The first to market will have an advantage that will likely see the winner garner the greater revenue and the fullest realisation of their development plans. In this Hard Rock has the advantage, of a more powerful brand name – strengthened by the involvement of Rick Nielsen, lead guitarist of the band Cheap Trick and a Rockford native. It also appears, at this juncture, that Hard Rock will be first to market at least with a temporary facility.  

The Ho Chunks, however, have some inherent advantages that could offset this. Not least of these is the tax burden that Hard Rock will face. 

While owned by the Seminole Tribe of Florida, Hard Rock is operating in Illinois as a commercial entity subject to state taxation. It is estimated that the effective tax rate on a casino generating $200m in GGR would be approximately 23%. For the Ho Chunk development there is no equivalent tax burden. 

The local jurisdiction will receive 2% of gaming revenues while the state will receive a currently unspecified amount. It is likely that the overall “tax” burden for the Ho Chunk development will be well under 10% of GGR. This lesser burden will allow the Ho Chunks to finance their development more easily and to compete in the market more effectively. The importance of this race, and the relative strengths and weaknesses of the two projects, is clearly top of mind for backers of the Hard Rock project.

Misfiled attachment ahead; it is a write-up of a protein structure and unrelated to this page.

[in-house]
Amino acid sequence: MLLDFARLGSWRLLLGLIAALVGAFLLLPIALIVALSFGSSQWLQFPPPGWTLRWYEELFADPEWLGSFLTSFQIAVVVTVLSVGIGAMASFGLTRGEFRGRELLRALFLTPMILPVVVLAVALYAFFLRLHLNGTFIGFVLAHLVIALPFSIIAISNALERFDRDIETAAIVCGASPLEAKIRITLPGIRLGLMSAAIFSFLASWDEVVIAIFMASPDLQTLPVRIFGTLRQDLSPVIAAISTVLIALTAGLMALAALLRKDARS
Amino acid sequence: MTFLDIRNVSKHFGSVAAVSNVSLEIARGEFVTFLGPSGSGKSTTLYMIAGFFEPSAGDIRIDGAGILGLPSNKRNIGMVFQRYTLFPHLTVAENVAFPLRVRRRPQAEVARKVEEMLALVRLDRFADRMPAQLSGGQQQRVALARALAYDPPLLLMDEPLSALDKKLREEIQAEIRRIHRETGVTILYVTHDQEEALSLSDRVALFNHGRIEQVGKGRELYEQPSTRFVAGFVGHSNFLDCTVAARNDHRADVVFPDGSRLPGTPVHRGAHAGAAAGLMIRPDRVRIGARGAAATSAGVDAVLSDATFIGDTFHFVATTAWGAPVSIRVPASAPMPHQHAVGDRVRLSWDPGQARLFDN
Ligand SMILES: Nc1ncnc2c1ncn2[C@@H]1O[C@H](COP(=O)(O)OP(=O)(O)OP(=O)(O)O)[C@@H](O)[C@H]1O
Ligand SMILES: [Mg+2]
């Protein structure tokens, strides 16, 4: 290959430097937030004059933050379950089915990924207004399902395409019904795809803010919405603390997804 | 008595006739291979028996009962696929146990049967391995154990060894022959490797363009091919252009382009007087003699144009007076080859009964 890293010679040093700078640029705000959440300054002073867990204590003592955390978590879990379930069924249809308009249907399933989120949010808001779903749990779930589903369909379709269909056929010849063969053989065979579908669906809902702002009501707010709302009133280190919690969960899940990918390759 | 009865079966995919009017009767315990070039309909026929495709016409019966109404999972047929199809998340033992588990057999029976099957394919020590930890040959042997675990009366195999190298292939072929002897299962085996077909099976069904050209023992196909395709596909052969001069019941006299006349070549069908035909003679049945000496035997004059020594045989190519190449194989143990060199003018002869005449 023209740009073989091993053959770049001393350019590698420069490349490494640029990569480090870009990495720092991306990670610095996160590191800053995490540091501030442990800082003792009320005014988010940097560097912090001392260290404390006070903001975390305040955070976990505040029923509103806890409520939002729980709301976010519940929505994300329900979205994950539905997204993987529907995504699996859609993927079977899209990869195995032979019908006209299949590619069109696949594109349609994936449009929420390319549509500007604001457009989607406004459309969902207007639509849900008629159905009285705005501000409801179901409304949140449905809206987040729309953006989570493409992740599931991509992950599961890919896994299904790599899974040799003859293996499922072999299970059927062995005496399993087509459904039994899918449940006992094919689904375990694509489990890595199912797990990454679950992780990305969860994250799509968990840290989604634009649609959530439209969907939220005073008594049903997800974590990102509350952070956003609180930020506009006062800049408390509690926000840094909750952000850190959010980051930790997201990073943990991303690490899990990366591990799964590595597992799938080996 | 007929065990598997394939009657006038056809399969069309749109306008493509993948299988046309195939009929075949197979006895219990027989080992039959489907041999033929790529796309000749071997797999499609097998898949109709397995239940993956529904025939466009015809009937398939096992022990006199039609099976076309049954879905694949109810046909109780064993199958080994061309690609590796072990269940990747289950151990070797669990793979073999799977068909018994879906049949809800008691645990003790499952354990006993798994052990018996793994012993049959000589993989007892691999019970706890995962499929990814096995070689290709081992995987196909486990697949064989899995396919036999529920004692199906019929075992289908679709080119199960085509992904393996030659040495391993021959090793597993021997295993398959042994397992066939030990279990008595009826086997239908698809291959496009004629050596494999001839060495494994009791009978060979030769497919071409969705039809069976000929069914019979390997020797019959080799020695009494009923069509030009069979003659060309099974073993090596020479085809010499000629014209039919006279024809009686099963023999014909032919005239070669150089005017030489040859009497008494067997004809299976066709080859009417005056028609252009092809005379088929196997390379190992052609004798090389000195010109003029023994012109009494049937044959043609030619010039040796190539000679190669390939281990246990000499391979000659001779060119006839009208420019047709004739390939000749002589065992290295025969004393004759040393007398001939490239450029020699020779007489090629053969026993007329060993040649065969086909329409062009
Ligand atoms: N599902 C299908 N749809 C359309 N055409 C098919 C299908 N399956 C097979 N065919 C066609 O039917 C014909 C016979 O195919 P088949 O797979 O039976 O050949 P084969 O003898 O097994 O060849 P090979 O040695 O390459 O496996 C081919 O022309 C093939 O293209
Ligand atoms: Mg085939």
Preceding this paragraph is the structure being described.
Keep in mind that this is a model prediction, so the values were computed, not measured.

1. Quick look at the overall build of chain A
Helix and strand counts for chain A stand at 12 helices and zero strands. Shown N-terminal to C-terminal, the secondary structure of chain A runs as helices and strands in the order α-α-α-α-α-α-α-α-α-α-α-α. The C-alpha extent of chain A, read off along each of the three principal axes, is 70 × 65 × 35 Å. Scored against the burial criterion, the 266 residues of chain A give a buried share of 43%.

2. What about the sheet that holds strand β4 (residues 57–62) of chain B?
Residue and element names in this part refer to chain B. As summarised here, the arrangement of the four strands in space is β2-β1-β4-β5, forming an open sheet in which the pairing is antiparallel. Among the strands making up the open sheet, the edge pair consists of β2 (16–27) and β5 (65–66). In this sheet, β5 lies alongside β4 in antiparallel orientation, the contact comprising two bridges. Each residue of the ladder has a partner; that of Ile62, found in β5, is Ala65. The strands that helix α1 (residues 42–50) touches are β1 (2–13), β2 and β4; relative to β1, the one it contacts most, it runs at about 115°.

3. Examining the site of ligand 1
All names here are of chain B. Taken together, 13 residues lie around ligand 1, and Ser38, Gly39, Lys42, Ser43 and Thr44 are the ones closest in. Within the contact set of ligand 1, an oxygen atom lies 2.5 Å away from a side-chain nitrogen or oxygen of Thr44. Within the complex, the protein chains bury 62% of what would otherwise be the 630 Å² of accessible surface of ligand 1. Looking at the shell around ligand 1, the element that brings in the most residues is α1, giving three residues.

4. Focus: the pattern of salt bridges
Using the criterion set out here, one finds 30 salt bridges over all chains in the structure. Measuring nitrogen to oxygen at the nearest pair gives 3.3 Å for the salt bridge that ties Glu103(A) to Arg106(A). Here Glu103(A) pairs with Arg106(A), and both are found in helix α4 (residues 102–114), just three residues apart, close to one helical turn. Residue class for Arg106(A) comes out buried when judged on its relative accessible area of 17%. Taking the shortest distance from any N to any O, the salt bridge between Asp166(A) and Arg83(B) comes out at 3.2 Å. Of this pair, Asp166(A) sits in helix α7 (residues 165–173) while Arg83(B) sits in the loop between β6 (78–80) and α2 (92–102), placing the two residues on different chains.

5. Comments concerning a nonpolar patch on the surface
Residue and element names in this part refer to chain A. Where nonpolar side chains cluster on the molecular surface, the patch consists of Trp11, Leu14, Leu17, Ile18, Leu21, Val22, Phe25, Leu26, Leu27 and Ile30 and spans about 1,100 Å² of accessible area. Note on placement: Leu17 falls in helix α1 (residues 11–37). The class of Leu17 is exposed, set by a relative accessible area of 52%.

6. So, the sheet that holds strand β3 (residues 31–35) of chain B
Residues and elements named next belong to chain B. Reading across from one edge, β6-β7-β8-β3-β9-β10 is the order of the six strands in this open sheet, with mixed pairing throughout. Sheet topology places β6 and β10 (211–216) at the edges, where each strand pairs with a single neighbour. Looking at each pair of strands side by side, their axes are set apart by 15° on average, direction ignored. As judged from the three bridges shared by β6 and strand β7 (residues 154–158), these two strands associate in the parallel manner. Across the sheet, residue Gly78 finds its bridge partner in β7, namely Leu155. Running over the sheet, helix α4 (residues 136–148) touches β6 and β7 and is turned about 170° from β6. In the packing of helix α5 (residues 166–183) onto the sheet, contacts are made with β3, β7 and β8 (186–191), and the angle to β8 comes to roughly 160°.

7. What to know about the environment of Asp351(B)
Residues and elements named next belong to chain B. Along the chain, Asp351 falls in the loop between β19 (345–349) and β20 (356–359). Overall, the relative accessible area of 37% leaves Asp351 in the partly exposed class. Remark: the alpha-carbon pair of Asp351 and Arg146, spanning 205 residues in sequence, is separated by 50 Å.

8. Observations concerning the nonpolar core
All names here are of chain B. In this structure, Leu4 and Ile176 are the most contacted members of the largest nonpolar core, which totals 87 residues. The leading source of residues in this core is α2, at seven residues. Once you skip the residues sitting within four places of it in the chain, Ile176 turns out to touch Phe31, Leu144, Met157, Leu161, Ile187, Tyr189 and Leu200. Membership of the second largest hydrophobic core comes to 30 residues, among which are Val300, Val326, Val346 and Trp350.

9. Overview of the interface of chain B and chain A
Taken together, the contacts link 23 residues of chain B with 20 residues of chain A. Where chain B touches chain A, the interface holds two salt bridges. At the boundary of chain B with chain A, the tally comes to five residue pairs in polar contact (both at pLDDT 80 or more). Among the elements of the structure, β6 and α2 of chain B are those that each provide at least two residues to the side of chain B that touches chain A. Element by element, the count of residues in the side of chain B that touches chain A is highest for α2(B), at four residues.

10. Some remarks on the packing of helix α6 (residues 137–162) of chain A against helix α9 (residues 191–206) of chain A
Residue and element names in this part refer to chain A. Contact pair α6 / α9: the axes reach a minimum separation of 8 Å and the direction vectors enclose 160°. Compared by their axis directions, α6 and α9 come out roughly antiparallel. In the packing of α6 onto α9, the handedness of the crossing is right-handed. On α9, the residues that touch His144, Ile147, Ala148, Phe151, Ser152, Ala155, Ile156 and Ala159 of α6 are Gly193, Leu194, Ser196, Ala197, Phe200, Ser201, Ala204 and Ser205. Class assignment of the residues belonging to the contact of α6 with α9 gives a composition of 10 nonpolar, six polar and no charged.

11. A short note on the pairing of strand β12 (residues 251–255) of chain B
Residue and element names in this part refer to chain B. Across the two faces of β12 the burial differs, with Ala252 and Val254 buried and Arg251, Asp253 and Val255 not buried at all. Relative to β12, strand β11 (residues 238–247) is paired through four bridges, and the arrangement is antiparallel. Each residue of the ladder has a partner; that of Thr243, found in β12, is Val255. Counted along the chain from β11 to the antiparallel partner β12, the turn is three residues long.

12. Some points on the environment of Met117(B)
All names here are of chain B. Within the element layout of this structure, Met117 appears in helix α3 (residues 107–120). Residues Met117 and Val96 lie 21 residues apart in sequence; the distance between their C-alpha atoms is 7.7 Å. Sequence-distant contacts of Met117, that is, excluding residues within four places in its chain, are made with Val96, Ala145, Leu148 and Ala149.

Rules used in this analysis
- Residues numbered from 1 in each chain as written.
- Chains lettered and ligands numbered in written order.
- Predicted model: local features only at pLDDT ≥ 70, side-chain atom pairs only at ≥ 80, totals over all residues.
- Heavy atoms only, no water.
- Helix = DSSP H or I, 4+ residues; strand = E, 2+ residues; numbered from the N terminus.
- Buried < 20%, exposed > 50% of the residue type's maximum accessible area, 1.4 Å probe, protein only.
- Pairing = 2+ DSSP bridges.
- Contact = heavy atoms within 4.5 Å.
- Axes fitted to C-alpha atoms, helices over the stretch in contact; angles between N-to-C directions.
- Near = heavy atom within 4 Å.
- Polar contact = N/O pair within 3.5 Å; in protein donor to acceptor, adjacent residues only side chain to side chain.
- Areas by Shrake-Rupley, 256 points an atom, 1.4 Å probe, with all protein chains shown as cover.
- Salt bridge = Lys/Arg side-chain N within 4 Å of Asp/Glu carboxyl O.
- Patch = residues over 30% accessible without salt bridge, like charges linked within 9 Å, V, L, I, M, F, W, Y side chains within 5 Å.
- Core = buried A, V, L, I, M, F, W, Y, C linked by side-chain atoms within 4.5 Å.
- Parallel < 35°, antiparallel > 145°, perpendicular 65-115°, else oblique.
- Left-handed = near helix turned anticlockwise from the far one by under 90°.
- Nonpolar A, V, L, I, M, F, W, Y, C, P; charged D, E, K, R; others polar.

Senator Dave Syverson, representing the Rockford area, and an ardent backer of the project certainly does, saying of the Ho Chunk project: “They are about 10 minutes north and being Indian they pay no taxes, while Rockford Hard Rock will pay at one of the highest levels in the country. That being said, the Hard Rock brand is hard to beat and will be very successful with its key location.”

Publicly, the Ho Chunk Nation has been more circumspect in their comments. They have noted that the addition of the Hard Rock casino in Rockford combined with their development in Beloit will create a “regional powerhouse” of gaming and have suggested that the presence of Hard Rock will encourage them to take a closer look at their building program and phasing.  

In addition to a much lower public payments burden, the Ho Chunks also have the advantage of an existing database of players in the market. Twenty miles to the north of Beloit near Madison, the Ho Chunks operate an 1,100 slots-only facility, with an additional five casinos spread throughout the state.  

This regional presence impels the Ho Chunks to consider the impacts that the Beloit casino will have on revenues at their other properties in the state. Some of the revenue at their Beloit casino will inevitably be cannibalised from their existing operations.  

This is a consideration that is absent for Hard Rock. On the other hand, the development of the Ho Chunk Beloit casino could act as a “buffer” to competitive intrusion from Hard Rock into Ho Chunk’s other core market areas further to the north.